The China-and-emerging-markets-capital-crisis-that-wasn’t

Picture taken 13 October 2007, shows a C
Picture taken 13 October 2007, shows a Chinese artist using Chinese yuan notes to creates a model of Beijing's Central Business District (CBD). China and the United States warned each other Wednesday that their booming but tense trade relationship was under threat from protectionism, as they began two days of top-level economic talks. AFP PHOTO/TEH ENG KOON (Photo credit should read TEH ENG KOON/AFP/Getty Images)
Photograph by Teh Eng Koon — AFP/Getty Images

The end-of-summer meltdown in emerging markets, when the MSCI stock benchmark collapsed by 9% in August, created a bigger fear than just stock losses—chiefly that emerging countries are experiencing crippling capital outflows.

Earlier this summer a pair of articles in the Financial Times and Wall Street Journal highlighted the fears after the fifteen largest emerging economies recorded larger capital outflows in the first quarter this year than they had during the same period of the financial crisis in 2009. Hot money rushing out of a country destabilizes a country’s financial system and plays havoc on its currency— sometimes leading to full-blown crises. (See Russia 1998.)

Is that what’s really happening?

Emerging markets have in fact experienced massive outflows this year—more than $400 billion in the first half of 2015, according to NN Investment Partners. However, and this is the key point in the data, much of that has originated from a single source: China.

Another researcher, Emerging Advisors Group, looked at 39 emerging markets it follows, minus China, and found capital outflows to be minimal—certainly nothing compared to crisis times of 2008-09, the Fed tapering in 2013, or the collapse of oil and the rise of the U.S. dollar in late 2014.

Even after the August stock collapse, when global investors yanked billions out of the countries, a crisis didn’t appear in store for emerging countries, says Emerging Advisors president Jonathan Anderson, one of the most respected EM watchers and formerly global emerging markets economist at UBS. “If you look at the behavior of local depositors, residents on shore, what we don’t see is massive crisis level flight,” he said in a recent interview. “But there is a China outflows problem.”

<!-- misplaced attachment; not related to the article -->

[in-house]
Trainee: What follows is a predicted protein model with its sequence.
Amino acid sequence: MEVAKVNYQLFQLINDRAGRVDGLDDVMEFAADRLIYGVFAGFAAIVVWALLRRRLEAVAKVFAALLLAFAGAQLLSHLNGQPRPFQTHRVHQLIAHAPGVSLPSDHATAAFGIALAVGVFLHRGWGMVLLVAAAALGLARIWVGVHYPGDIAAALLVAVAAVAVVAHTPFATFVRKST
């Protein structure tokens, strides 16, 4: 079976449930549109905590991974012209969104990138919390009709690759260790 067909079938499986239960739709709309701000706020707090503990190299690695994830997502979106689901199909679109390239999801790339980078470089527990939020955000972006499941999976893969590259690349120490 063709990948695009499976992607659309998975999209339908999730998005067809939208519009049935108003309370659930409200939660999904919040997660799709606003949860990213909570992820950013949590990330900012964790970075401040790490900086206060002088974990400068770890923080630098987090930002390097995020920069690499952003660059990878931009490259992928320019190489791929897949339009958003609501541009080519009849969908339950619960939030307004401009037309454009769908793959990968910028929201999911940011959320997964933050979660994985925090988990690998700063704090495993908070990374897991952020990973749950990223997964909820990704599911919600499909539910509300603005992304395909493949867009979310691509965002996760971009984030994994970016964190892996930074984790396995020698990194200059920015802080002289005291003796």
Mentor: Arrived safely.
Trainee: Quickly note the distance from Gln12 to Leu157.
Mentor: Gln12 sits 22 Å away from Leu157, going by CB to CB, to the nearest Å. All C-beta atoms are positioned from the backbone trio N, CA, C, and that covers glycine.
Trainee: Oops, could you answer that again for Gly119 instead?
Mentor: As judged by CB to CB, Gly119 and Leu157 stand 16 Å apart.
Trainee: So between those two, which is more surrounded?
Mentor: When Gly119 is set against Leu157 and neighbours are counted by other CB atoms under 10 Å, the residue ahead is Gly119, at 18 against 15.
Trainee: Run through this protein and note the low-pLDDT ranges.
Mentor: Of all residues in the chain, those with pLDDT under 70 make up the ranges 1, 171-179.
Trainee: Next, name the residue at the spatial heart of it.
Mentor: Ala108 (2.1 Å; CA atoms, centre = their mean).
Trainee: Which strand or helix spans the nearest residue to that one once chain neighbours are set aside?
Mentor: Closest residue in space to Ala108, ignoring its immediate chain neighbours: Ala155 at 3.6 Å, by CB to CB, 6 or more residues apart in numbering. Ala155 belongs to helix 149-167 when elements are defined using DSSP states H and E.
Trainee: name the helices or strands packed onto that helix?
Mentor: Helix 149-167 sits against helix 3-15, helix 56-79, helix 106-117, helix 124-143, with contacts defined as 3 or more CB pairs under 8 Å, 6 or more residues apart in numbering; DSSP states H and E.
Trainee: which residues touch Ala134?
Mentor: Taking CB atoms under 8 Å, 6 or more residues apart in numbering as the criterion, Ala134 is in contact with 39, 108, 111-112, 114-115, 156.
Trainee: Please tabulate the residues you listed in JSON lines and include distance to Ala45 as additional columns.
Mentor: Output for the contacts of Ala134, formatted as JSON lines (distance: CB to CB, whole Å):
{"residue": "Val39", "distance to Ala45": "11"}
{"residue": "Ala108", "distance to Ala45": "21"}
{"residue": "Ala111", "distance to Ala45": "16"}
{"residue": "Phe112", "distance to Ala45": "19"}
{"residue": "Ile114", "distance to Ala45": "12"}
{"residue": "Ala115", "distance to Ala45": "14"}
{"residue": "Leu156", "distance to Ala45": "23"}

Attention shifted to China in mid-August after the country’s central bank devalued the yuan’s value to the dollar, which worried pundits that Chinese money would flee the country as the currency fell. Some commenters were predicting China’s foreign exchange reserves to fall by $200 billion in the month—a rate that would deplete its foreign reserves in just over a year.

On Monday, evidence arrived that showed the doomsayers were far too alarmist. China’s central bank said in August, reserves fell by $90 billion, which while up substantially from $75 billion in July, was not crippling, considering that China still has $3.6 trillion worth.


It turns out hot money isn’t escaping China, nor are rich officials and elite fleeing with cash for Australia. Instead, according to Emerging Advisors’ Anderson, many inside the country are fleeing China’s currency. The U.S. dollar’s rapid rise over the past two years, compared to the recently devalued and falling renminbi (RMB), means Chinese businesses and elite are opting to hold more dollars. China’s central bank foreign reserves are declining because it is spending dollars to prop up the renminbi, but there’s an offsetting increase of foreign assets in China’s commercial banks, which aren’t counted in the foreign reserves figure. “It’s not really a story about money rushing out of China—it’s a story about getting out of the renminbi at the margin,” he says.

Here’s Capital Economics’ Julian Evans-Pritchard on China’s central bank’s announcement:

This would be the largest one-month fall in dollar terms on record but not the rout many were talking about. … It’s also worth reiterating that capital outflows are not the same as capital flight. Much of the “outflows” simply represent increased holdings of foreign currency deposits by Chinese firms and banks, or reductions in their foreign currency debts both at home and abroad.

If the numbers don’t worsen, don’t fall for the panic in China or other emerging markets. Capital isn’t rushing out the door.

Again, Anderson: “Basically, it’s people looking at global currency fundamentals and taking a bit the other direction,” he says, meaning that people are trading in some yuan for a rising U.S dollar. “Which is why, I stress, this is likely to be cyclical phenomenon rather a massive structural problem in the next five years.”

A version of this story appears in Fortune’s September 15 issue.

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